LEJOG Virtual Challenge, Mile 677: Just northeast of the Lake District

Spring is springing here in Chicago which has made it possible to commute more easily on my bike as well as take some longer walks, either while on my birding excursions or with Banita and Denali. Though the virtual trip doesn’t have me going through the Lake District I thought I’d take you on a little detour as Banita and I had a one day excurision to the area while in England for Steve’s memorial service.

Lake District National Park

Though the National Park designation didn’t happen until 1951, the Lake District had been popular for travelers ever since the poet William Wordsworth (‘I wandered lonely as a cloud’) popularized the Lakes in his poetry and a guide book, A Guide to the Lakes. He, along with artist, John Ruskin, thought this area of outstanding natural beauty should be protected so everyone could enjoy. Last year was the 250th anniversary of Wordsworth’s birth but unfortunately Covid struck. Banita and I were able to do a walk around Dove Cottage, which was being renovated at the time, in the small village of Grasmere. This is where Wordsworth wrote most of his most beloved poems.

I Wandered Lonely as a Cloud 

BY WILLIAM WORDSWORTH

I wandered lonely as a cloud
That floats on high o’er vales and hills,
When all at once I saw a crowd,
A host, of golden daffodils;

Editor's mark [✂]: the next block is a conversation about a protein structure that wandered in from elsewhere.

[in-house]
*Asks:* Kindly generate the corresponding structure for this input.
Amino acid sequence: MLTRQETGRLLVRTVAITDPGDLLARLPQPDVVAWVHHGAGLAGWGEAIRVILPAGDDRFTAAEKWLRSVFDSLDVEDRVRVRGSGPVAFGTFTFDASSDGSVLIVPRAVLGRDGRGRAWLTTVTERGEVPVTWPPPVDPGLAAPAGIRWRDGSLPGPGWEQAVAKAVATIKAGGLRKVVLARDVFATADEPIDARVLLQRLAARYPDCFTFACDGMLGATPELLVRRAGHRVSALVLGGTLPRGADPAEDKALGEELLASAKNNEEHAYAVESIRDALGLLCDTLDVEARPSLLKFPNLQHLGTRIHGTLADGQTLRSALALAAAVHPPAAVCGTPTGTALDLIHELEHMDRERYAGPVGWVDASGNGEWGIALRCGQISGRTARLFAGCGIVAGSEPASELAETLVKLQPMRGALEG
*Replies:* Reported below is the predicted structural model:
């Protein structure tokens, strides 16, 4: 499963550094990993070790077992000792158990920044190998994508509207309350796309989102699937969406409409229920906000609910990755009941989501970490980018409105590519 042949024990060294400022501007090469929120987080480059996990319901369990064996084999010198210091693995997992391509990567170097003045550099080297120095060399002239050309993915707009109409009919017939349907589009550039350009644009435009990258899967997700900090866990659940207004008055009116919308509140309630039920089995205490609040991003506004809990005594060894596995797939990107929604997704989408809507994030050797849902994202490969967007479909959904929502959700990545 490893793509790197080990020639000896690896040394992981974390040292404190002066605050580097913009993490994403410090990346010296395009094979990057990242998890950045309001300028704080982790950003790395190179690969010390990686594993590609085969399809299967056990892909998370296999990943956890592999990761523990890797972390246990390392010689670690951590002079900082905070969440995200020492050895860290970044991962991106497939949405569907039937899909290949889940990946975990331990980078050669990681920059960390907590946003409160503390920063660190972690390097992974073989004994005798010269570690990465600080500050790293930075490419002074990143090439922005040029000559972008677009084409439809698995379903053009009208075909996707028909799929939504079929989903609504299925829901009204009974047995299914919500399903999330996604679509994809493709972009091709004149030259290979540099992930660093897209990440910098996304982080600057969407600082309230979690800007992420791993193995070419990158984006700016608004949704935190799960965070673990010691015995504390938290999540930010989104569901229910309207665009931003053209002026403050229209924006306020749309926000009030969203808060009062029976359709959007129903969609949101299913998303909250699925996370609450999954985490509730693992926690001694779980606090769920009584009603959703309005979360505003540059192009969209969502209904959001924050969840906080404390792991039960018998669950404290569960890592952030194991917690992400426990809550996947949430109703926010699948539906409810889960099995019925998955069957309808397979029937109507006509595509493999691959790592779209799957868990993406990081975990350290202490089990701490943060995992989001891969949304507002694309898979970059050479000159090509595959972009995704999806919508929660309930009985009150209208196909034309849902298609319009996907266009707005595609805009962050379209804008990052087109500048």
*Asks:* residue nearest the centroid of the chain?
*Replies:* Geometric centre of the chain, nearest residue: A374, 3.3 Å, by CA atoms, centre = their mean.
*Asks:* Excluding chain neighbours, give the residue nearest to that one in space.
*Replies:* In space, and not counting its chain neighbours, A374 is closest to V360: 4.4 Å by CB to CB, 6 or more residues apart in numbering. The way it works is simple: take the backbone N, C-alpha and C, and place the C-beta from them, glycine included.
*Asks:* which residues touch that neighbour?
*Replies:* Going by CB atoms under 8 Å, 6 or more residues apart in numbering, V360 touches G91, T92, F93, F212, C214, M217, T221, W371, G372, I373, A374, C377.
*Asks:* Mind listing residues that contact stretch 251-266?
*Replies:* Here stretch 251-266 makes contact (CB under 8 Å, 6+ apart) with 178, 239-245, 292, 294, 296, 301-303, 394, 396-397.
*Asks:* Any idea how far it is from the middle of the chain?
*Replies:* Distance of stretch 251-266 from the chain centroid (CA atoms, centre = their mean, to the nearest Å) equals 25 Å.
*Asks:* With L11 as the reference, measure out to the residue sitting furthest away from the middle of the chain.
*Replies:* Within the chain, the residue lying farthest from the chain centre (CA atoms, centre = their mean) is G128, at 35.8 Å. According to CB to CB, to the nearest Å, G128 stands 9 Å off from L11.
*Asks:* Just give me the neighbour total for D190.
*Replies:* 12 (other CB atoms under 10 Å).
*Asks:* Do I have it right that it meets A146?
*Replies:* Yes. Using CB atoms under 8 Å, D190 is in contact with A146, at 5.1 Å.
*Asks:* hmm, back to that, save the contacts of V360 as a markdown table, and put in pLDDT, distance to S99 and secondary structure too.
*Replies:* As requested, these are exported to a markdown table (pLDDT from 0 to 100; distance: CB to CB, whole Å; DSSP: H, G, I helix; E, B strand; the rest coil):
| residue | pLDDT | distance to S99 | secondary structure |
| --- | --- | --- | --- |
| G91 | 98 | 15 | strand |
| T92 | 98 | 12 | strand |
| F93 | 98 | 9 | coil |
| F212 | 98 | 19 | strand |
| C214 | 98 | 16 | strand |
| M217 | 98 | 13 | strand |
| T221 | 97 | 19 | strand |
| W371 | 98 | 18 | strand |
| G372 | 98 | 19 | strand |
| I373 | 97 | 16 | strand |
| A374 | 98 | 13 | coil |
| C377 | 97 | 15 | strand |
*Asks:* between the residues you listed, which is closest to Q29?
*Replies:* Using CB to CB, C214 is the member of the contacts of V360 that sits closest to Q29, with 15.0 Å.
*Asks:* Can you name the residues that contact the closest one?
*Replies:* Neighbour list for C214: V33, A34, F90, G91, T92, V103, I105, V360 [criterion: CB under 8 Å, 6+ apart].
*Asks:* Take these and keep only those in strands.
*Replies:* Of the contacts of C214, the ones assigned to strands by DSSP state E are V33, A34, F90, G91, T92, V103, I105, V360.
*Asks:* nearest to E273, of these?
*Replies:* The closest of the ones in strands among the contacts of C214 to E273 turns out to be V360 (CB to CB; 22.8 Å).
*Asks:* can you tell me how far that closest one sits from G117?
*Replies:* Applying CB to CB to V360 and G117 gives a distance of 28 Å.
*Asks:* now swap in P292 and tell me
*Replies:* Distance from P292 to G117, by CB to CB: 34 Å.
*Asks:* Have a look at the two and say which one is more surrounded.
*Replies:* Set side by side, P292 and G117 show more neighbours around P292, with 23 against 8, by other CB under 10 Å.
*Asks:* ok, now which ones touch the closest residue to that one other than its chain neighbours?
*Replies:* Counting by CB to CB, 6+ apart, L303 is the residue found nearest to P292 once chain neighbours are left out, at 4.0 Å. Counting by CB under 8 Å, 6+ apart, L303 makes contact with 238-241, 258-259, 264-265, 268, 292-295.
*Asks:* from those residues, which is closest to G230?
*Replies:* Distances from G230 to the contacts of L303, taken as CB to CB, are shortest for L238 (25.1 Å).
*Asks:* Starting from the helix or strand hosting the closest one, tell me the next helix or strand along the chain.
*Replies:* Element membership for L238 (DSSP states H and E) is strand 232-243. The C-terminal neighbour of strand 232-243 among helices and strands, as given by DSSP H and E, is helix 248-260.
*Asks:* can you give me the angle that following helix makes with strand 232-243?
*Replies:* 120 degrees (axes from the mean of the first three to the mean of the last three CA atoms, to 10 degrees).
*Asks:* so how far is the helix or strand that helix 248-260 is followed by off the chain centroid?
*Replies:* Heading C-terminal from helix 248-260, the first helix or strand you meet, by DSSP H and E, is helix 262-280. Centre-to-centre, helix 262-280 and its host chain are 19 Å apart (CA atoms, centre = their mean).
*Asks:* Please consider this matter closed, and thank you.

Beside the lake, beneath the trees,
Fluttering and dancing in the breeze.

Continuous as the stars that shine
And twinkle on the milky way,
They stretched in never-ending line
Along the margin of a bay:
Ten thousand saw I at a glance,
Tossing their heads in sprightly dance.

The waves beside them danced; but they
Out-did the sparkling waves in glee:
A poet could not but be gay,
In such a jocund company:
I gazed—and gazed—but little thought
What wealth the show to me had brought:

For oft, when on my couch I lie
In vacant or in pensive mood,
They flash upon that inward eye
Which is the bliss of solitude;
And then my heart with pleasure fills,
And dances with the daffodils.

Lake Windemere is the largest natural lake in England and is the likely the stepping off point for most travellers to the District ever since the railroad was completed there in 1847. Banita and I took the train from Lancaster, just over an hours journey and took a ferry to the village of Ambleside and then made our way to Grasmere.

As well as being known for Wordsworth, Grasmere is also known for the Grasemere Gingerbread Shop, trademarkeed since 1854 and the recipe is a well guarded secret. Luckily I was able to enjoy a couple back in Lancaster. Denali, however, enjoyed an entire bag she snagged off the counter when we were back in Chicago! The village is also a great base for getting into the fells.

Speaking of fells (mountains), I can’t leave the Lake District without mentioning Alfred Wainwright. His series of guidebooks of the Lake District fells continues to be used and inspire walkers today. His seven volume Pictorial Guide to the Lakeland Fells is so well beloved that it’s 214 peaks are collectively known as the Wainwrights. My goal is to get back to the Lake District, rent a cottage, and spend some time walking some of these fells.

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